A good gamble

Commendations are in order for the management of King’s Casino, who will, this week, convert the entire establishment into a no-smoking area. One of our colloquialisms is “one, one full basket,” and we hope that other establishments will follow this lead.

We have had articles and letters in this newspaper about the nonchalance from smokers, the authorities and business owners, when it comes to smoking. It seems as if all the rights belong to the smokers and those who are affected can either suffer or leave.

According to the Tobacco Free Initiative Focal Point Colin O’Keiffe, in an interview with The Daily OBSERVER, Antigua & Barbuda is not alone in this regard. While many Caribbean countries have signed the World Health Organization’s Framework Convention on Tobacco Control, they have not enacted legislation to make the event more than a photo opportunity.

The WHO FCTC was entered into force on February 27, 2005, and has 168 parties. We know that, almost routinely, governments become signatories to conventions and then never honour the obligations by passing law. But this issue of smoking, particularly second-hand smoke,  is too serious for the region, Antigua & Barbuda included, to simply make sport.

In a news report, O’Keiffe described attempts at drafting legislation as “a round-about story.” Reportedly, the politicians talk a good game when pressed on the matter, but that’s the sum total of their commitment. “We need to have serious commitment from the political directorate; not just them saying they are going to do something, but actually doing something,” O’Keiffe said.

Perhaps we can attribute the seeming inertia to the fact that we are hogtied to the tourist dollar, so much so that the customer is always right. That, of course, is not to say that only visitors to our island offend with their proclivities to smoke in public. But it should not be understated how infuriating it is to see people, who come from countries where there are serious restrictions on smoking, blowing their poison in crowded places, affecting adults and children alike.

We know that the Caribbean offers sun, sea and sand, tax havens, romance in paradise … in essence, the suspension of reality. But health – including that of the poor employees in the bars and the hotels who do not have the option to relocate or complain – is too important to gamble on, even when we are talking about the almighty tourist dollar.

Who among us disagrees that the health of the nation is the wealth of the nation?

As the Tobacco Initiative Focal Point noted, the aim is not to place a ban on smoking, since tobacco is a legal substance. But it is imperative that the use is controlled and that there are designated smoking areas.

In the United States, from which we in the region pattern many things, while there is no federal ban on smoking, there are variations of laws in most states. Internet research shows that of the 60 most populated cities in the US, with the exception of 16, there is a smoking ban covering all bars and restaurants. Many states also have restrictions in the workplace.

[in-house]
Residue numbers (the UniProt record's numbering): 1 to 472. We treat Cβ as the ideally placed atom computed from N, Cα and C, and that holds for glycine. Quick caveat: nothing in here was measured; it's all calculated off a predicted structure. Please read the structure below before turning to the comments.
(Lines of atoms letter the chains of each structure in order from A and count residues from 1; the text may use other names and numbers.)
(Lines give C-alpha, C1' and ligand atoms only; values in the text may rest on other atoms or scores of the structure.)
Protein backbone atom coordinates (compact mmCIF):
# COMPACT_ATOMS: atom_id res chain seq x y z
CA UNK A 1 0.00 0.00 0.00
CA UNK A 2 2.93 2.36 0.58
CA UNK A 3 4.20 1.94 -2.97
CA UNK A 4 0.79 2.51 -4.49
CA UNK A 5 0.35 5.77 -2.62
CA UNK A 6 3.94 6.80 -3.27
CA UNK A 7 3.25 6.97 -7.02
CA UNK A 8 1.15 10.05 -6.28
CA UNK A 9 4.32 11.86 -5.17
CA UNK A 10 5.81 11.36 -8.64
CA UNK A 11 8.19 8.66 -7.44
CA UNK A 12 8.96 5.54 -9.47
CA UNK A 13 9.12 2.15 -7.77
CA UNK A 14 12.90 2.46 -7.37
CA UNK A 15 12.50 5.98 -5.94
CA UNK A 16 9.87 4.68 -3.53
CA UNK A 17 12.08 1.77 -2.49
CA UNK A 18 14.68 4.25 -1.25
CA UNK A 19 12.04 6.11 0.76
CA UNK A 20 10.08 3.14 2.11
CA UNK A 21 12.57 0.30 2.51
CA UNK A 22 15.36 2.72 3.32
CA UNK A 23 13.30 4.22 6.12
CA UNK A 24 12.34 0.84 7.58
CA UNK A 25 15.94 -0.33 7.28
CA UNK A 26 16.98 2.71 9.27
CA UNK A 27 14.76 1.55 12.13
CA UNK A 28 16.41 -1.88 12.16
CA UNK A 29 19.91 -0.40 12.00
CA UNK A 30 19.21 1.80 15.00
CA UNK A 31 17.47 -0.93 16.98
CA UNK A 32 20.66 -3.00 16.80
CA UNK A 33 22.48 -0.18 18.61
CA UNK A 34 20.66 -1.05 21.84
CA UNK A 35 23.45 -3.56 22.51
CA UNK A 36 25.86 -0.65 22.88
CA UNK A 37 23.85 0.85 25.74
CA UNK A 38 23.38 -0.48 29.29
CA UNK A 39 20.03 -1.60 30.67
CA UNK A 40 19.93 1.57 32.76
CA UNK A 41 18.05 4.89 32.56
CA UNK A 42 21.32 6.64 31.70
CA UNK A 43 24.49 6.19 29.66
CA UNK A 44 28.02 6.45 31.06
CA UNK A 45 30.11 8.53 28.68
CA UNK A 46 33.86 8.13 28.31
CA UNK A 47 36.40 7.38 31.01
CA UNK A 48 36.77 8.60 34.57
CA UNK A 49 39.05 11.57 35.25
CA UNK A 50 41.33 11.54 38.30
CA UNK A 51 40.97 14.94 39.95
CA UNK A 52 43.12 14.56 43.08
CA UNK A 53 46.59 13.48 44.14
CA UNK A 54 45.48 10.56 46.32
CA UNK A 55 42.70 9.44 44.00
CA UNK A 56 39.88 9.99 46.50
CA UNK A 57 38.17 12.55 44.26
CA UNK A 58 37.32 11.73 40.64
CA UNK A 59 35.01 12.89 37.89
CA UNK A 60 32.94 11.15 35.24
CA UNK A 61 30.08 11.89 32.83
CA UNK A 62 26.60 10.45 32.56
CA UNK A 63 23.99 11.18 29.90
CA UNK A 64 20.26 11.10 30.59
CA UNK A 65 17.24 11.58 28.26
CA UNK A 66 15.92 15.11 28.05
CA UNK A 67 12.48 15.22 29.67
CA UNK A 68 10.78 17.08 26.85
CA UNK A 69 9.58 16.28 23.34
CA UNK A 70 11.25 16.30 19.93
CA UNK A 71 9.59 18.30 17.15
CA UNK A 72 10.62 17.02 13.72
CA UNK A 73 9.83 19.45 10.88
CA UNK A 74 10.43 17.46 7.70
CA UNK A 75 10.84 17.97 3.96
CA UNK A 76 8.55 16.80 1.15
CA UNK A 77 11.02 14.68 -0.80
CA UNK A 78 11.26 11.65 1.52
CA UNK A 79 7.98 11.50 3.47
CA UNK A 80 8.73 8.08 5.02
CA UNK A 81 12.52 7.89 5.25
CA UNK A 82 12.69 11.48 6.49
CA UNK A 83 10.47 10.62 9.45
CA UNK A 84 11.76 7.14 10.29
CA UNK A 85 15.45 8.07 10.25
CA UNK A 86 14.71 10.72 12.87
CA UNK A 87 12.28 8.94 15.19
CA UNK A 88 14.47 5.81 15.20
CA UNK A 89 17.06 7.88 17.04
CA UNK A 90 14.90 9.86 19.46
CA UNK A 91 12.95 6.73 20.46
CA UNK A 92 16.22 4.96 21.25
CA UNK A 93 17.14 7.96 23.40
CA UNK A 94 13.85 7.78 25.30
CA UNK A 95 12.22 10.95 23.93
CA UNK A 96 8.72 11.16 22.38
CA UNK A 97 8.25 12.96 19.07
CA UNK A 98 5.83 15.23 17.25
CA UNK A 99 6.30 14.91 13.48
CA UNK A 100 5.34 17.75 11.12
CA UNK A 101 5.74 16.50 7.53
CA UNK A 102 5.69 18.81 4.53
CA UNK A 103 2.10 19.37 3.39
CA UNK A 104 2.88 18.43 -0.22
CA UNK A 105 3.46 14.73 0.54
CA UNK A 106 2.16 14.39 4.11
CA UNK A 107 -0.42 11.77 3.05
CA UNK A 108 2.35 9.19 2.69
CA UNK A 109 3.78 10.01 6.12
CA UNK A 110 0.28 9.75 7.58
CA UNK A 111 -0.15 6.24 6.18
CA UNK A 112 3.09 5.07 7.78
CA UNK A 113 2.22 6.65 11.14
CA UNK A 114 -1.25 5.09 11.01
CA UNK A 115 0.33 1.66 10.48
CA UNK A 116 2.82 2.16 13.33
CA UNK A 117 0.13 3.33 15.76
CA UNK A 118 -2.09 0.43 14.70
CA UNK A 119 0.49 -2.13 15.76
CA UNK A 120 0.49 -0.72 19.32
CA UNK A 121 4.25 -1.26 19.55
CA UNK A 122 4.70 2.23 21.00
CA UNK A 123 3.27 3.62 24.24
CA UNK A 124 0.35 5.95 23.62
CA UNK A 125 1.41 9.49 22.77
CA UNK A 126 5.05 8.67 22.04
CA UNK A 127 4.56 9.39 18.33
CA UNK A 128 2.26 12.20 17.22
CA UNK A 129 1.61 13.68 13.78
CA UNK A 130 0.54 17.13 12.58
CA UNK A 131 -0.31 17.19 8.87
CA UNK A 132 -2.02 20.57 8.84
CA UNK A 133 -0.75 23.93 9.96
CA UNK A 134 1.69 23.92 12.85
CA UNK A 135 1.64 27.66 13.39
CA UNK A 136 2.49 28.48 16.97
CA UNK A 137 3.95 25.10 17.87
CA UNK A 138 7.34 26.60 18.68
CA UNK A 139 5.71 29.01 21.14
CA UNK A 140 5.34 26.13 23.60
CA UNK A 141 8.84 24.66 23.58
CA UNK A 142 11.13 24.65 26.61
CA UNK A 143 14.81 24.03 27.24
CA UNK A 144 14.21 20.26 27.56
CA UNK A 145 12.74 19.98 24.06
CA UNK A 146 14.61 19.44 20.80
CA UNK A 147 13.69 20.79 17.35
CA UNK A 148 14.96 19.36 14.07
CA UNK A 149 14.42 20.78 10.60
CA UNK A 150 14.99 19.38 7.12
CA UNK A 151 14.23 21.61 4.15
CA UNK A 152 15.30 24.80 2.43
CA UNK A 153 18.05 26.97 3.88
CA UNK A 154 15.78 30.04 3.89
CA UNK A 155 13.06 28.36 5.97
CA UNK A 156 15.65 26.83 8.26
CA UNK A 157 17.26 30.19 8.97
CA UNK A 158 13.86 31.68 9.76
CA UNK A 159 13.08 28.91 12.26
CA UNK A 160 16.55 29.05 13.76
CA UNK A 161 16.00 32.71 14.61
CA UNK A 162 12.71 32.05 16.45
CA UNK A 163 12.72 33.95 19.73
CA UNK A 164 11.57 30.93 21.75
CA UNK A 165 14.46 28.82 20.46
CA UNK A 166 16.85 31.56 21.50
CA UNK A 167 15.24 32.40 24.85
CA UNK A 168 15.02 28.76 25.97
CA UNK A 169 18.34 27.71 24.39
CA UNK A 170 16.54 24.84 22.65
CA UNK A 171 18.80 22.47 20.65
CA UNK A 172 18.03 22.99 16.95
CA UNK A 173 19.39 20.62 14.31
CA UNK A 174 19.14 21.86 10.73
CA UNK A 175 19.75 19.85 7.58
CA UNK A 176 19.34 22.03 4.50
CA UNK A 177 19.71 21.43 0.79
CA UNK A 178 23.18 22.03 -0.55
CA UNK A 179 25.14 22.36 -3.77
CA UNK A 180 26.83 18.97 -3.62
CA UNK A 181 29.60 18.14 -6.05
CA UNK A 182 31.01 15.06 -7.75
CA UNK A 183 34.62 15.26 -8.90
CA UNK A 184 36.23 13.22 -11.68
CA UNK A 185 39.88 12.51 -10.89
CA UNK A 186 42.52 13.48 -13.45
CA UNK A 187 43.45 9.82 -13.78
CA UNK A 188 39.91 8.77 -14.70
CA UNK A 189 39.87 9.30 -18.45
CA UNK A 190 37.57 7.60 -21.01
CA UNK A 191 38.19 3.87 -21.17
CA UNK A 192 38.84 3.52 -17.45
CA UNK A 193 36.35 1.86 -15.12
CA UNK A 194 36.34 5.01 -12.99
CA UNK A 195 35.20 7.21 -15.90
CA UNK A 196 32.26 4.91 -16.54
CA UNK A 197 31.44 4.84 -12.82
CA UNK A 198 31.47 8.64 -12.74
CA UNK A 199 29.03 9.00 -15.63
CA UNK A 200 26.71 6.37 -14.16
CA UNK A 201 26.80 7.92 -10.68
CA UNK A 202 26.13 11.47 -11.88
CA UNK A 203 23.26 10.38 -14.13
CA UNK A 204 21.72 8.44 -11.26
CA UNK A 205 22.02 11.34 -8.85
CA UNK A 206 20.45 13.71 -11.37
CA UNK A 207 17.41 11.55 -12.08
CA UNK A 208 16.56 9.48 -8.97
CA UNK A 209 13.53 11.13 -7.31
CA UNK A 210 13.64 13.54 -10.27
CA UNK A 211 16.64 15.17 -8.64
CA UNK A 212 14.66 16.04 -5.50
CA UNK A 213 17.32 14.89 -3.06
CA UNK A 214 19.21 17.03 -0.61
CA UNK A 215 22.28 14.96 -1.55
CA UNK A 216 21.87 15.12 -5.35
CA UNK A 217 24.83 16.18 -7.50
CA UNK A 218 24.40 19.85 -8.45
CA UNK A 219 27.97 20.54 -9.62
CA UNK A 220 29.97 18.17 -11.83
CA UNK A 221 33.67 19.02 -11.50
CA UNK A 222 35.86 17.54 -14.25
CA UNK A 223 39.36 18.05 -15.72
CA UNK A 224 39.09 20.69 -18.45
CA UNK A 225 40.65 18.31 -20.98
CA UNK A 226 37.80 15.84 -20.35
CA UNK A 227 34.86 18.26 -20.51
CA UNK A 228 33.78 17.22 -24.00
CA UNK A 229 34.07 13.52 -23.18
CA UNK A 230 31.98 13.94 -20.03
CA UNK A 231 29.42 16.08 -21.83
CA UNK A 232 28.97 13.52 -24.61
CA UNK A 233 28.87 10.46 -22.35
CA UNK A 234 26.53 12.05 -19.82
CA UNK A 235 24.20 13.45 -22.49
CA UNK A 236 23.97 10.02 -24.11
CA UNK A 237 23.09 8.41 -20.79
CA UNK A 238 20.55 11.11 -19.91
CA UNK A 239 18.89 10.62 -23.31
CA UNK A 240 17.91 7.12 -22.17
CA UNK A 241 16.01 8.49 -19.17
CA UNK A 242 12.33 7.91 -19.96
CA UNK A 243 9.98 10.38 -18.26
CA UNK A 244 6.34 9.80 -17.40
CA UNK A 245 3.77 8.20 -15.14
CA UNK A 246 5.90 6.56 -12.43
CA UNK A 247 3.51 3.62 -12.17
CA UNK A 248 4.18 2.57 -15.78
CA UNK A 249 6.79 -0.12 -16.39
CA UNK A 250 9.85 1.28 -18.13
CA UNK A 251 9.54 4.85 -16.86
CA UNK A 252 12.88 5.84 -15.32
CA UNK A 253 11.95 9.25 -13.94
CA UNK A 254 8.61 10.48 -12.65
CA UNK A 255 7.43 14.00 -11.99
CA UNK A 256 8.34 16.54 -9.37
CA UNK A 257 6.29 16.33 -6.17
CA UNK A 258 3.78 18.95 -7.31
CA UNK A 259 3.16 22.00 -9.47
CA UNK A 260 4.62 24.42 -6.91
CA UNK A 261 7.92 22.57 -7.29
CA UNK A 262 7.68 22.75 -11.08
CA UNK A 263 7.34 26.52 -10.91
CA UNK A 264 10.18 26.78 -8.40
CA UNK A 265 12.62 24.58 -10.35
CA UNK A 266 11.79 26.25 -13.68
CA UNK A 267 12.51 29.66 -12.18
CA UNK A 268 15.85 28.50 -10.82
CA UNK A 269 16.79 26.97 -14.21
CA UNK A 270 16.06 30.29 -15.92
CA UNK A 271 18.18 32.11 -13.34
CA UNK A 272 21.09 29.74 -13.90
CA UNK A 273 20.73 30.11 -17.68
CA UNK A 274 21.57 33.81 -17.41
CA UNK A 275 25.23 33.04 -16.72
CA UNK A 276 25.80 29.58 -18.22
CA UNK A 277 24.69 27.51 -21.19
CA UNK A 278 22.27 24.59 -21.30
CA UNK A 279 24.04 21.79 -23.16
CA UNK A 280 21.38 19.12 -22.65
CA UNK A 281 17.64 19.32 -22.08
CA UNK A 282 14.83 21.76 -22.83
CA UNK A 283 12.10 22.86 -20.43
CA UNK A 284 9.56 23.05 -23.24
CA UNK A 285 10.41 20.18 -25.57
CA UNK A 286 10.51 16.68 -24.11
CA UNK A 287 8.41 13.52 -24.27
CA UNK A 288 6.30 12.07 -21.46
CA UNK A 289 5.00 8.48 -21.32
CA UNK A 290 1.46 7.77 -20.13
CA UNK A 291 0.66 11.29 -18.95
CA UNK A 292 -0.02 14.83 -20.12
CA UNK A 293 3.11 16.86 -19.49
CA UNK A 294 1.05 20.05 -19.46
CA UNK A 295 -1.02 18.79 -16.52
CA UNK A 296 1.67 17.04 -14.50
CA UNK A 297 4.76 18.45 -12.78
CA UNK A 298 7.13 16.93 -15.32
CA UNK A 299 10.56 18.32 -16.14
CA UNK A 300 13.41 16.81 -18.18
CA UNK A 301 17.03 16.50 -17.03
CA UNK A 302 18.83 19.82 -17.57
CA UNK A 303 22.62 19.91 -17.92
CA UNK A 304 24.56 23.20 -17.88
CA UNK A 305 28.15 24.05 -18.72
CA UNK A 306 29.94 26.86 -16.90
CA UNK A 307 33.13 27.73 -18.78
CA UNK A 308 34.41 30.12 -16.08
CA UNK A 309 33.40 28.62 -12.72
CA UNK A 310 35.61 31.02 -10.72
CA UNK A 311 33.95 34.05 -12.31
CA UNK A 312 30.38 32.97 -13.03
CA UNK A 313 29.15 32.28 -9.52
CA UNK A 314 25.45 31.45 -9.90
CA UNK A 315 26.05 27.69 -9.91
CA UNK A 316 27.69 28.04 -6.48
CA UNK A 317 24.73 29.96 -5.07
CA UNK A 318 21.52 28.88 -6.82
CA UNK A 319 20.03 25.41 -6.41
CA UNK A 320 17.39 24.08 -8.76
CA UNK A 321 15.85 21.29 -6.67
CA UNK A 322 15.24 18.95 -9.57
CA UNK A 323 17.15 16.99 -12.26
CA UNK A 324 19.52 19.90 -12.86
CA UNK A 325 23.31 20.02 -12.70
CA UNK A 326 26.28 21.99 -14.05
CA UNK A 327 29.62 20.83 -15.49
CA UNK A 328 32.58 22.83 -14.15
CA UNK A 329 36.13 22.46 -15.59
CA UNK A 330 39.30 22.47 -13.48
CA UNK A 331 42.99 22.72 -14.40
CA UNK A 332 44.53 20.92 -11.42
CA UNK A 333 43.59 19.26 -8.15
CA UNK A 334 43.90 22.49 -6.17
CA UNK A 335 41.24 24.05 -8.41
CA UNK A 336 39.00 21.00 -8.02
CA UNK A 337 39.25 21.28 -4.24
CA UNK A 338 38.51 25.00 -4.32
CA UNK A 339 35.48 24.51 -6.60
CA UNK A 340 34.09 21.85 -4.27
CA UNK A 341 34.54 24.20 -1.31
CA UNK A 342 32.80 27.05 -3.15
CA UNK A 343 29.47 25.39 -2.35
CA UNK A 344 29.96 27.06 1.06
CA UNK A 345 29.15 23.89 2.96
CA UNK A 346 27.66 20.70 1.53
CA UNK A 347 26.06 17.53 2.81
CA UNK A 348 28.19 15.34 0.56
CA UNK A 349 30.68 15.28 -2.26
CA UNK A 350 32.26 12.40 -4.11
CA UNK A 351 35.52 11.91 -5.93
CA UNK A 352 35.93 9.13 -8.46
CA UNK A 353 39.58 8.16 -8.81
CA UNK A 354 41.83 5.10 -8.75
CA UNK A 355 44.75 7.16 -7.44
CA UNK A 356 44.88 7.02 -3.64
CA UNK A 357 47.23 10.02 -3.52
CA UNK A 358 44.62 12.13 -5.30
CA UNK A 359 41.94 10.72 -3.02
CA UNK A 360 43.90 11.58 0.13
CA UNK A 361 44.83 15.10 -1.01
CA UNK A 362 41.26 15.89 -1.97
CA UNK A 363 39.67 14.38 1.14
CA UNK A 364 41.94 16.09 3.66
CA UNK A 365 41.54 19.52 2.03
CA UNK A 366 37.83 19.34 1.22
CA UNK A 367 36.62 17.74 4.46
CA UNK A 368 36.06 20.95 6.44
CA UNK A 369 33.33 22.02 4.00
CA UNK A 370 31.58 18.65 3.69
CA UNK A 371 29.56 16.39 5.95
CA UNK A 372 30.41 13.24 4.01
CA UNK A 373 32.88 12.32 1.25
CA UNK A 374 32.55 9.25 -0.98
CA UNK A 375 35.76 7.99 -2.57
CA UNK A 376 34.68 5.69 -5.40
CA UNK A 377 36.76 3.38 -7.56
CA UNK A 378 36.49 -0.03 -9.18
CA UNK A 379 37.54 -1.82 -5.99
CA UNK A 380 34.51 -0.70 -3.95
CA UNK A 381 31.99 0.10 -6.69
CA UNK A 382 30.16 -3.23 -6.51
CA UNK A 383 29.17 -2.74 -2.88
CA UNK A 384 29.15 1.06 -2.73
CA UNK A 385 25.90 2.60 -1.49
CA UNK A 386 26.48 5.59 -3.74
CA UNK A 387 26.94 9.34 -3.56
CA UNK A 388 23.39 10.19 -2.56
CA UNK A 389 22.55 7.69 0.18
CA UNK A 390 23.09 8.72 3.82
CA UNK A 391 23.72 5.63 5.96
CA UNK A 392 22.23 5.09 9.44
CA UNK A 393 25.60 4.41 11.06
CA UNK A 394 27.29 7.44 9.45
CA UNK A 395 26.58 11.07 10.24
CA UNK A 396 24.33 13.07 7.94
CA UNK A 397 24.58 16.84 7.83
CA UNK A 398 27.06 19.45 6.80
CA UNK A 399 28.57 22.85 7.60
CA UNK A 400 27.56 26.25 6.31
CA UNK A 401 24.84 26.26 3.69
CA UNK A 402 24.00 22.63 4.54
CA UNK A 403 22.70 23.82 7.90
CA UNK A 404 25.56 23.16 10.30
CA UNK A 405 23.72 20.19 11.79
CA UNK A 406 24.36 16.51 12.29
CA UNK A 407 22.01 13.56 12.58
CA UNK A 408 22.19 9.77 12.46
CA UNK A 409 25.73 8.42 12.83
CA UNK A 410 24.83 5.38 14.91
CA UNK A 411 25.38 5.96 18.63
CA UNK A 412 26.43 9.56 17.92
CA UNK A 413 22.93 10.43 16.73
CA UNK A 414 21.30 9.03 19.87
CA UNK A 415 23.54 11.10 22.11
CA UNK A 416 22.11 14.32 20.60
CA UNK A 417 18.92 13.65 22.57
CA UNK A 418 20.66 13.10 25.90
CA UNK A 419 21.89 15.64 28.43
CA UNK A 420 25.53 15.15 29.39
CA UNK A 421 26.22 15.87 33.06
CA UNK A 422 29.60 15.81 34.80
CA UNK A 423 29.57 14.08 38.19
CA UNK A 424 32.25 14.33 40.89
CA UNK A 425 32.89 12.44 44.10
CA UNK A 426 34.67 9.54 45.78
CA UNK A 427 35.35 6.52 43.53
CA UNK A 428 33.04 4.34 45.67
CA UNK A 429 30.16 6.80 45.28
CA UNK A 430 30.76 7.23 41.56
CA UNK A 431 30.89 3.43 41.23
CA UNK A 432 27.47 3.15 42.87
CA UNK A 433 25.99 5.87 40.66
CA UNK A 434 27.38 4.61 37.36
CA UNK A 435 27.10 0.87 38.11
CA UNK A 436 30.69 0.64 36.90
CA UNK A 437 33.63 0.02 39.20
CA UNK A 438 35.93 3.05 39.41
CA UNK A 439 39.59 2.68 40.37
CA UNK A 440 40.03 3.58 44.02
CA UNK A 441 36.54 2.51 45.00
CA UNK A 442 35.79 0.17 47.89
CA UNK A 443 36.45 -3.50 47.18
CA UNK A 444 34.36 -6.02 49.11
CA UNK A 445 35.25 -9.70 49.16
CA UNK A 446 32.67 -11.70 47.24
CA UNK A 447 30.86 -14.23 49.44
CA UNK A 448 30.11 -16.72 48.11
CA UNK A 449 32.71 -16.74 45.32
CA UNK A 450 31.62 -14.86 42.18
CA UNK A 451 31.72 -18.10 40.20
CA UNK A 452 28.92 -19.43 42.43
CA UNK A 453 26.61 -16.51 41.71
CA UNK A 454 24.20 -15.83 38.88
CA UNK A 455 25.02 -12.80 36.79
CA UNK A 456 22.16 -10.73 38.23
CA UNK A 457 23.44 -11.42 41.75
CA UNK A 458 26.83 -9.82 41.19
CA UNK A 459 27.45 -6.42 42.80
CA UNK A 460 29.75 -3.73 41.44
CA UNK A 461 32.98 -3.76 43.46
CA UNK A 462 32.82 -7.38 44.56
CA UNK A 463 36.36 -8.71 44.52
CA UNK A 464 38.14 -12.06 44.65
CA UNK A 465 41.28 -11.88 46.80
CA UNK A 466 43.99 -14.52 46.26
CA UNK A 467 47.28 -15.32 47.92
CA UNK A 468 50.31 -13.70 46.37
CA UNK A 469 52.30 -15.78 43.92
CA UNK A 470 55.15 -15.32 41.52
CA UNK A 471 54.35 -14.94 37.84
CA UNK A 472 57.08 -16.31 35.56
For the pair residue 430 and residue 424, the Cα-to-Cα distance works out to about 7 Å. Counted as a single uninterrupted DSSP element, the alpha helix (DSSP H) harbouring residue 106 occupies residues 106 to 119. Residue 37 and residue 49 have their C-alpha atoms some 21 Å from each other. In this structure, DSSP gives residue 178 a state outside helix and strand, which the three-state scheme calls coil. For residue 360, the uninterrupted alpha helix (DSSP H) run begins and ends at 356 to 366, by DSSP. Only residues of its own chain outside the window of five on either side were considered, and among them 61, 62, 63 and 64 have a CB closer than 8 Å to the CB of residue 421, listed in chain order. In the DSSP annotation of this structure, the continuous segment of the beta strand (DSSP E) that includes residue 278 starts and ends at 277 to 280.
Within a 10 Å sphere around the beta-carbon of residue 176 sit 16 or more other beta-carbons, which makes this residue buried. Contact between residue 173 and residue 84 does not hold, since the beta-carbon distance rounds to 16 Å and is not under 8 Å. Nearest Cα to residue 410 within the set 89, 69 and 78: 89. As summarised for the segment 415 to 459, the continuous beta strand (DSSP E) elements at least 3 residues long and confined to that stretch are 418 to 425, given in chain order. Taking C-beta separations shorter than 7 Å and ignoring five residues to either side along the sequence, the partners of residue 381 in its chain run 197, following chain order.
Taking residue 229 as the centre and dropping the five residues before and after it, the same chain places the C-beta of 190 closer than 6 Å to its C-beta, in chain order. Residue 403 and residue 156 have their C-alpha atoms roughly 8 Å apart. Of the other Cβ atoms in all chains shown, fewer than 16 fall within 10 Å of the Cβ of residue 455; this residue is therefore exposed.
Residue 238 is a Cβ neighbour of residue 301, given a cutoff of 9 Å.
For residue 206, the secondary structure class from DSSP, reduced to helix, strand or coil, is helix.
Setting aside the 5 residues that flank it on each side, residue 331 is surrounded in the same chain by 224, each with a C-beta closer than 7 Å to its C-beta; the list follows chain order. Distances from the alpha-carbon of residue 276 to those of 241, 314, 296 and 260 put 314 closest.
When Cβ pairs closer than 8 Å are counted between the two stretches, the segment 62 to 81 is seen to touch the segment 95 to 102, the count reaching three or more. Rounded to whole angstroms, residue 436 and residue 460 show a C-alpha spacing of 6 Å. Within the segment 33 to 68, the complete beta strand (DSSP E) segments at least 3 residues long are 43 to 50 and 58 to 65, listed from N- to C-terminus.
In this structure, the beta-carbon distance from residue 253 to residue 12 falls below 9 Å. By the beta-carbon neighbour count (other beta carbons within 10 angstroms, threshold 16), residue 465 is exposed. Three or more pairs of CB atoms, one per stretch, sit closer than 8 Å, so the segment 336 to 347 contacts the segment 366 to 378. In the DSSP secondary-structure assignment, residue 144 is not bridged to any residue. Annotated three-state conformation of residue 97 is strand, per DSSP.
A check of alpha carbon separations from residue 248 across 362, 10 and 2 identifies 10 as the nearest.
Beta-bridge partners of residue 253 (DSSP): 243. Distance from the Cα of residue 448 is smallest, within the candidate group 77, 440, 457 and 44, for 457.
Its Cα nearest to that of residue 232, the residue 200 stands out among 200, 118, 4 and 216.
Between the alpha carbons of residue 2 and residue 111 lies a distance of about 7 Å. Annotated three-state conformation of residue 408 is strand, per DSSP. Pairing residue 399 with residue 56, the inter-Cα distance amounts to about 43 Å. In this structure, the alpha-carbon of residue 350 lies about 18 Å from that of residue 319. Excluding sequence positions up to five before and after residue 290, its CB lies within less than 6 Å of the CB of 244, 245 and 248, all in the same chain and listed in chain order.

In the United Kingdom, smoking is banned in all public indoor spaces. Additionally, smoking is banned in the workplace, unless a person works alone, and in company vehicles used by more than one person, even if the smoker is travelling alone.

The rationale behind the bans, in the international arena, is to cut sickness and deaths from second-hand smoke.

Studies show that second-hand smoke, which comes from what a smoker exhales or from the end of the lighted cigarette, cigar or pipe, contains at least 50 chemical compounds known to cause cancer. This in addition to the other diseases linked to the second-hand smoke.

The American Cancer Society website notes, among other facts, that “secondhand smoke can cause harm in many ways. In the United States alone, each year it is responsible for an estimated 46,000 deaths from heart disease in non-smokers who live with smokers; about 3,400 lung cancer deaths in non-smoking adults; other breathing problems in non-smokers, including coughing, mucus, chest discomfort, and reduced lung function; 150,000 to 300,000 lung infections (such as pneumonia and bronchitis) in children younger than 18 months of age, which result in 7,500 to 15,000 hospitalisations annually; increases in the number and severity of asthma attacks in about 200,000 to 1 million children who have asthma; and more than 750,000 middle ear infections in children.”

Back at home, O’Keiffe noted that people will have to agitate for the legislators to take pattern from the US and the UK where smoking is concerned. His hope was that “one of these days it will fall on ears inclined to assist.”

We take it one step further by saying that we need to see to it that this matter ratchets up the national agenda. We can begin by talking forcefully to our parliamentary representatives.

Meantime, those who care about this issue must keep their distance from smokers, and that means patronising businesses with no-smoking policies and shunning those that say anything goes.